Monday, September 30, 2013

Friends and Families

I have been looking forward to writing this post, because it regards an inspiring story belonging to friends, and is also very relevant to my own story.

Introduction

When I was a child, our family attended (and sometimes hosted) reunions of a few housechurches that my parents had been involved in, mostly before I was born. When you are a child, you are often missing a lot of information. And I didn't really know why we were gathering, how these people had met, and what their individual stories were.

Several of the families had adopted at least one child. Here, again, I didn't fully understand certain issues: adoption, abortion, orphanages, foster care, fertility/infertility, etc.

I remember noticing different colors of skin, different eye structures, as well as some physical limitations. Do we need to mention these things out loud? Grown-ups don't always talk about them in plain language. Of one boy, I finally asked what was "wrong" with him. It turned out he had Asperger's.

Meanwhile, one particular family consisted of Hector and Sue Badeau and their children, and they lived in another state, but we saw them once a year or so. They had a lot of kids! They all looked pretty different, so they were probably adopted, but where did they all come from? How did they all live together? I think when you see a family that big and don't know them personally, it just seems like a crowd. Like that family on TV, the Duggars. How do they keep them all straight?

Well, Sue and Hector answer that question in their book that came out recently. The full title is: "Are We There Yet? The Ultimate Road Trip: Adopting and Raising 22 Kids!" Sue had shared some of it with me back when I was trying to help match some Russian kids up with local families here. But the book gives even more backstory, including from the housechurch days that involved my parents and some other friends from growing up.

I was fascinated to read the stories of each individual child, including all the family dynamics.

Here are a few thoughts that stood out to me. I hope the authors will forgive me for not using page number for now as I'm using Cloud Reader!

1) Adoption always starts with a tragedy. This is what I was thinking about when I read the part where another adoptive mom tells Sue, "Never forget, Sue, your joy as a mom to Jose is built on the ashes of another mother's grief." I remember going to a Russian summer camp with a missions team, and the director telling us, "The orphanage groups have several new kids. If they're new to the orphanage, that means they have some fresh trauma." It's something that is a part of someone's past that we can forget because we're so eager to help them start new lives.

2) God's calling. While praying about adoption decisions, Sue and Hector felt led to focus on children who were "most in need of a home and least likely to get one." I find in my own life that the paradox of God's will is that it feels extraordinary and natural at the same time. I think it's incredible that I ended up in Russia, but at the same time it feels just right. When I think of the 20+ children that Sue and Hector have raised, it is difficult to even fathom, and yet when I read their story, I realize that they are just "ordinary" people who wanted to obey God. Am I His vessel too, ready to be used?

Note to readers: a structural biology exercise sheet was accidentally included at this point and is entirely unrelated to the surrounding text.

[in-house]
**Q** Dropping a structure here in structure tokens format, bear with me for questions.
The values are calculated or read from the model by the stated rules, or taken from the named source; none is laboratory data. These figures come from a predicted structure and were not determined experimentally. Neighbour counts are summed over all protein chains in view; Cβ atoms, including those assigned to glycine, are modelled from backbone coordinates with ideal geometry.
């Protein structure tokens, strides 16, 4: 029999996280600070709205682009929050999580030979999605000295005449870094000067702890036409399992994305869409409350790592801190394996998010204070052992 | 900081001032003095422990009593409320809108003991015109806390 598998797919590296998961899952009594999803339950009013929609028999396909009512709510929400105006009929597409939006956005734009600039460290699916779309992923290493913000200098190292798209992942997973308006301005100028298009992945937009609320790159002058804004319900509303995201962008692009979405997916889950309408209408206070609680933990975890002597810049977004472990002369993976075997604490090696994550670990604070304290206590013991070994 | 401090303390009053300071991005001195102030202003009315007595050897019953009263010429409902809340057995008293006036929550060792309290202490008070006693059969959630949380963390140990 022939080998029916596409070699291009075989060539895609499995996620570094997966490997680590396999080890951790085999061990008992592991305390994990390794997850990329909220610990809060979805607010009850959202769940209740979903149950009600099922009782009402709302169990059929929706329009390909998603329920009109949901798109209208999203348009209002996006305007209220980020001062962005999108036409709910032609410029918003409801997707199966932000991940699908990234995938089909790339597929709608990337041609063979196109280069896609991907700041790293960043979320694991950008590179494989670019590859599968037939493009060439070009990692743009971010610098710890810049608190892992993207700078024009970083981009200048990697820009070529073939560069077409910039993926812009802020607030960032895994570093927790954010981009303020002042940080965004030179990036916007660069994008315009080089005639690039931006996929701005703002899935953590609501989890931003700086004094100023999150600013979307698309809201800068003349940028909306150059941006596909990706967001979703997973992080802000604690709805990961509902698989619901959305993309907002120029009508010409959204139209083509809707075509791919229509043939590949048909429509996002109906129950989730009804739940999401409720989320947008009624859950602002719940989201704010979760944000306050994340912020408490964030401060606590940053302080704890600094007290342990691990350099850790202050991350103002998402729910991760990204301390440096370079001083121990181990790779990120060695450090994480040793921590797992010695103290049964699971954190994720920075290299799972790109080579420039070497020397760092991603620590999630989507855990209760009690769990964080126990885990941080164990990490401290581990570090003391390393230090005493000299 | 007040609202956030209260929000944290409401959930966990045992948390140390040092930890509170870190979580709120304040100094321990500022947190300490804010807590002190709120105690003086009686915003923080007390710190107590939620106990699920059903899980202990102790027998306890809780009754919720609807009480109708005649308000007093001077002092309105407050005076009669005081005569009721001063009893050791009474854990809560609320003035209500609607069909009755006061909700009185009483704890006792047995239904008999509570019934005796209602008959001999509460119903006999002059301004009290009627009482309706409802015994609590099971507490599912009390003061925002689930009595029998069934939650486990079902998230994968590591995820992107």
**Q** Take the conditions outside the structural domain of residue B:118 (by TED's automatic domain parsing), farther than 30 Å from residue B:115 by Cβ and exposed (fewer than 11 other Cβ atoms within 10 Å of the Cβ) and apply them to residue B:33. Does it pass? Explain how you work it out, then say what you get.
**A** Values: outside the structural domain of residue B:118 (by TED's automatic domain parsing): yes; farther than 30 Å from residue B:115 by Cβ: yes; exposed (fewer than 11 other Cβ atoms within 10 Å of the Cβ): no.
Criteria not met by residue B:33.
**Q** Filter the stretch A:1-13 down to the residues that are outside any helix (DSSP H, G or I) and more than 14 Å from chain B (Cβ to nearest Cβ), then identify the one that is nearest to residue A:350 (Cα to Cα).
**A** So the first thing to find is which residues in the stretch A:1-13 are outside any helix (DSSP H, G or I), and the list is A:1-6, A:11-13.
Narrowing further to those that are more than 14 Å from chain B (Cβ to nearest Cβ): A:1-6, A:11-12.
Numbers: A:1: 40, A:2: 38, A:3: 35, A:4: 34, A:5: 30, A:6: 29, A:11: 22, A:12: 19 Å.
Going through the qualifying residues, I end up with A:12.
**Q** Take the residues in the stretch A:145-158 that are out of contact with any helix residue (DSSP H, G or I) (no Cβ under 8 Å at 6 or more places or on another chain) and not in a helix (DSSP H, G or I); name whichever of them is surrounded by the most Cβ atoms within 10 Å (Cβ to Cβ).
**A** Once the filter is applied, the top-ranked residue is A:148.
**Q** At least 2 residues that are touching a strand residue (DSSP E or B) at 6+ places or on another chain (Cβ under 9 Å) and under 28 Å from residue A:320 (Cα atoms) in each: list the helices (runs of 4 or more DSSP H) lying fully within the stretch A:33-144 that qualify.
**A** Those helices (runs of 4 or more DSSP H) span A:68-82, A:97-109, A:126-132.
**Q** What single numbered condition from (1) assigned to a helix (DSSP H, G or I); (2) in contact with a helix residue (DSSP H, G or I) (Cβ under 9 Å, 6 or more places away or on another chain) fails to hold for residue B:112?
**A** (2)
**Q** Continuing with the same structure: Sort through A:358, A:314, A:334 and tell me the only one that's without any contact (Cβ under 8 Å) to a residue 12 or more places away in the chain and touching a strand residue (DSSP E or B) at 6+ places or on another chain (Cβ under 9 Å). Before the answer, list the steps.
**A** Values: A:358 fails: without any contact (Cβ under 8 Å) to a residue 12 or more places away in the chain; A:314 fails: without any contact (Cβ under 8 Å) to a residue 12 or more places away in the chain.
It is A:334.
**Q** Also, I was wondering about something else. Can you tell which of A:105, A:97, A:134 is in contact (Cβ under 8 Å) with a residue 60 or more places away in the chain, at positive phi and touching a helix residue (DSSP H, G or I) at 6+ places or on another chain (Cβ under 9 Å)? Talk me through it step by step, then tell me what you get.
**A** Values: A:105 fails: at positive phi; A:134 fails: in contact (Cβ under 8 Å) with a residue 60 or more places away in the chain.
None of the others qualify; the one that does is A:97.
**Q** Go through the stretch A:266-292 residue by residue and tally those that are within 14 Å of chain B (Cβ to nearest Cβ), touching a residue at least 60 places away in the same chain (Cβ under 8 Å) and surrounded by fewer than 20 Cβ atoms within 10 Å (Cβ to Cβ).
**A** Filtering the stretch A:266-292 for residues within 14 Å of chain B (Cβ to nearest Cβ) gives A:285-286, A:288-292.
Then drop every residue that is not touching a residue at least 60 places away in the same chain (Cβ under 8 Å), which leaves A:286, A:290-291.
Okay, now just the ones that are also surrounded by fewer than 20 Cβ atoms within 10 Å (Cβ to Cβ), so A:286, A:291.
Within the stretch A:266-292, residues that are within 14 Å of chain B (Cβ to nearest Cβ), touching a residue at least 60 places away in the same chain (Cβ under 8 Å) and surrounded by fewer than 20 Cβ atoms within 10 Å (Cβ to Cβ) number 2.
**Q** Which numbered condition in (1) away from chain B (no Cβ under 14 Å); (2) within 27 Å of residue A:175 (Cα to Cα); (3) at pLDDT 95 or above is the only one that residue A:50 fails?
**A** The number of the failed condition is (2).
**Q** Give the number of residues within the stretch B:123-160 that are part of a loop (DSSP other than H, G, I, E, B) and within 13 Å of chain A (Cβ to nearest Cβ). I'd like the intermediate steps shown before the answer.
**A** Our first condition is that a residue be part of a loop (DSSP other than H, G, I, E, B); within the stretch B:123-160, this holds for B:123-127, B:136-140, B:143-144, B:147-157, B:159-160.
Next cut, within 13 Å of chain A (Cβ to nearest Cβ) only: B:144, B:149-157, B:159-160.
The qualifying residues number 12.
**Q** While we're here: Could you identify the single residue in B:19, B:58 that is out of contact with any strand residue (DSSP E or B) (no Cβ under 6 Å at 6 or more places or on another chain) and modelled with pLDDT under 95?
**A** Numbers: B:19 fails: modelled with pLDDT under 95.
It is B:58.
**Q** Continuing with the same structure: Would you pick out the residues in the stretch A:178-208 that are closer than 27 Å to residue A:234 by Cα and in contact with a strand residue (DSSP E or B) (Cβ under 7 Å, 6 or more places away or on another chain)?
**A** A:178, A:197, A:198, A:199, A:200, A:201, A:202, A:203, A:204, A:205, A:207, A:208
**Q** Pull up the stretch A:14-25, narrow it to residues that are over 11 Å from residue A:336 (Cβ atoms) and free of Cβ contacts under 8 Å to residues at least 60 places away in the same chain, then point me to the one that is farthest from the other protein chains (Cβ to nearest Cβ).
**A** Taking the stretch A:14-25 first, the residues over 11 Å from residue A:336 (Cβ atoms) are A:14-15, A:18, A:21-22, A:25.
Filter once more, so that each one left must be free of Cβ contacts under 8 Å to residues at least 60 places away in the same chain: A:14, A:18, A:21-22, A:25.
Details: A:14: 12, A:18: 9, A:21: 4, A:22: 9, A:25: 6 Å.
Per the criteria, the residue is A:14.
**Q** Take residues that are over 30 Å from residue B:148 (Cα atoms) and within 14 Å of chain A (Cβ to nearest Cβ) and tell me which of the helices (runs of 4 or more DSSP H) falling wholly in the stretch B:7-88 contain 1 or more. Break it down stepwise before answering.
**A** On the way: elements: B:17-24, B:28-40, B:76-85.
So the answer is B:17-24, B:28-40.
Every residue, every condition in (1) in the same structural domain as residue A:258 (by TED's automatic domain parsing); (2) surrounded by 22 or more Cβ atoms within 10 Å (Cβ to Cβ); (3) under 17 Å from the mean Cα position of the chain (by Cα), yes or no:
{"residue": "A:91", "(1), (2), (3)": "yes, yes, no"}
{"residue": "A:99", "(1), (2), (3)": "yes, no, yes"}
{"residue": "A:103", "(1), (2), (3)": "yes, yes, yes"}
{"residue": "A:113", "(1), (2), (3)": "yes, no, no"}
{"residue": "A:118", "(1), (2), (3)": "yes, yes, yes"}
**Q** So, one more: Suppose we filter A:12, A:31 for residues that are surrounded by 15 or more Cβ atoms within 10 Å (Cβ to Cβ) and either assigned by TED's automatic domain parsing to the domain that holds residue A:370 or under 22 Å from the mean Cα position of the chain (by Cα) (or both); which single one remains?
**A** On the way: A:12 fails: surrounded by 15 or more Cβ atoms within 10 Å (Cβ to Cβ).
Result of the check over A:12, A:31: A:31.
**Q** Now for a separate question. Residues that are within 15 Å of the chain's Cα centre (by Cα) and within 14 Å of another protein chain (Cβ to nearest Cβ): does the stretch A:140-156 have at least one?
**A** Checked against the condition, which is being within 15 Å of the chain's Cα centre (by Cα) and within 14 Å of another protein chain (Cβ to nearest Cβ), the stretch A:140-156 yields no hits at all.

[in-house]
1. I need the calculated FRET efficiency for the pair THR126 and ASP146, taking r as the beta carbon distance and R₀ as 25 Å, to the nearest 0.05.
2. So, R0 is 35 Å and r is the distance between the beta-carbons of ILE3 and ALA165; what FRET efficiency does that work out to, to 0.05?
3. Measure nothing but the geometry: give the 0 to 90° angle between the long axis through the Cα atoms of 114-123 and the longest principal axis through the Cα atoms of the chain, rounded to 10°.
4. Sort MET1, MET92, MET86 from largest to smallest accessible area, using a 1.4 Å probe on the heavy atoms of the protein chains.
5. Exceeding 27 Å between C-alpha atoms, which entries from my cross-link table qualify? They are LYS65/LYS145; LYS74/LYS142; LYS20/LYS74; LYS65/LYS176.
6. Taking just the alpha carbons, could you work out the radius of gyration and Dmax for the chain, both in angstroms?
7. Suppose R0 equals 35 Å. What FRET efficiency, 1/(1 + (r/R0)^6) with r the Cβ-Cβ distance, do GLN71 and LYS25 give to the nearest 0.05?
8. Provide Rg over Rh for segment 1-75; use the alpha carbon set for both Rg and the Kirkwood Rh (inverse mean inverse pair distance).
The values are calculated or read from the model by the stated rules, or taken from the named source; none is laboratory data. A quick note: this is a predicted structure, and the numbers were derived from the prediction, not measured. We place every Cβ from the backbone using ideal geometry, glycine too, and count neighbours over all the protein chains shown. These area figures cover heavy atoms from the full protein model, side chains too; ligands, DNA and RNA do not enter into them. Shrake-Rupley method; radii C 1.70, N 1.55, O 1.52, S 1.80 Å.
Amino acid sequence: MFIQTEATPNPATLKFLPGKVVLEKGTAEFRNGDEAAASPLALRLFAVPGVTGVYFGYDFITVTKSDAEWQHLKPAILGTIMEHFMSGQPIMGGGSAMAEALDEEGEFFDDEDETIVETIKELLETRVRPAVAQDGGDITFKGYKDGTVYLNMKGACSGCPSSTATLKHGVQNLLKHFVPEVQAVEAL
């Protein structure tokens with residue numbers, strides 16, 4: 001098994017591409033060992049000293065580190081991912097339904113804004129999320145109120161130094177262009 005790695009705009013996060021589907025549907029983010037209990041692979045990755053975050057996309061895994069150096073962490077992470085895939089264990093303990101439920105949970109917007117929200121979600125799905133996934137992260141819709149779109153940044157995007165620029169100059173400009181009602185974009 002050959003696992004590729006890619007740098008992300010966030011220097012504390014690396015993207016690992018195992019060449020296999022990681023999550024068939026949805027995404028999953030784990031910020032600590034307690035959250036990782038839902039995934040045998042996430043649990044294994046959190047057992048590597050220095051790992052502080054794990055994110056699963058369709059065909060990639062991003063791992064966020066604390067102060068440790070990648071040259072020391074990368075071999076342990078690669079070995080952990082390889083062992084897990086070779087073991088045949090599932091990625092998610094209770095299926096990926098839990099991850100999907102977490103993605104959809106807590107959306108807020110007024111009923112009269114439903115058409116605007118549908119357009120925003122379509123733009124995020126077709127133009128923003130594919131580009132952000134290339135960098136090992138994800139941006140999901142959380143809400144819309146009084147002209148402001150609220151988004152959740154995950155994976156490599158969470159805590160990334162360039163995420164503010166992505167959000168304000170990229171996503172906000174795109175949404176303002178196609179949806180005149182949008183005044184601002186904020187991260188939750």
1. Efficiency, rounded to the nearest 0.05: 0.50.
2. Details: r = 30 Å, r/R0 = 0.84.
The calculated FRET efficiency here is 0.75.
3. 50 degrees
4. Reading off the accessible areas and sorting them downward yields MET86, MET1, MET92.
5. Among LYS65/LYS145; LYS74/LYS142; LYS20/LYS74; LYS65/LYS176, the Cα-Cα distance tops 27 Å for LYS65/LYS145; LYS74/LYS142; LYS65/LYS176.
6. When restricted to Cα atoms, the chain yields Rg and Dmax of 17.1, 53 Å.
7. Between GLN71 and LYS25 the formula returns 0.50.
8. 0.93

3) Siblings! One of the more specific areas of advocacy that touched me was Sue and Hector's insistence on keeping siblings together. I forget exactly how many sibling groups they adopted, but it often took special efforts. I will never forget the story of Adam, a terminally ill child, and his brother Aaron, who was initially kept in a different family. Apparently, Adam was deemed "too disabled" to even know he had a brother.

"Adam almost never smiles. He’s not generally a pleasant child. He doesn’t snuggle or even like to be hugged. He frequently flinches when someone approaches him to wash him up, change him, feed him, or even give him a hug. His body is often stiff, and his movements are sharp and flailing. He makes some sounds, but unlike Wayne and Dylan, who delight us with their peals of laughter and funny noises, Adam’s verbal utterances tend to be cries or moans more often than contented sounds..."

And then, the reunion of the brothers...

"As soon as the bus attendant lowers the lift and Adam’s wheelchair hits the pavement, Aaron runs up to him and gives him a big hug. “Tubby!” Aaron says gleefully. And then the most wonderful thing happens—Adam’s face lights up into the biggest smile we’ve ever seen."

This sibling issue is something I would love to see fought for in Russia, too. Siblings are often split up among orphanages here. I know part of it has to do with them needing to attend certain schools, but it's sad that they can't have unlimited access to their only family members. I even have mixed feelings about this when the siblings are in the same orphanage, yet on different floors, for example. 

I still haven't quite figured out how this whole advocacy thing works in Russia. I feel like American society is more rewarding towards people who are gung-ho enough about their cause to break down every door until they see results. Resilience is a necessary trait in Russia, too. But there is a different set of etiquette, a different social hierarchy, and a different way to challenge unsatisfactory decisions. Most of it is still over my head. 

So for now I have to trust the Holy Spirit, our Advocate on high.

1 comment:

  1. Thank you for that incredible review Liz. Love your insights and reflections!

    ReplyDelete

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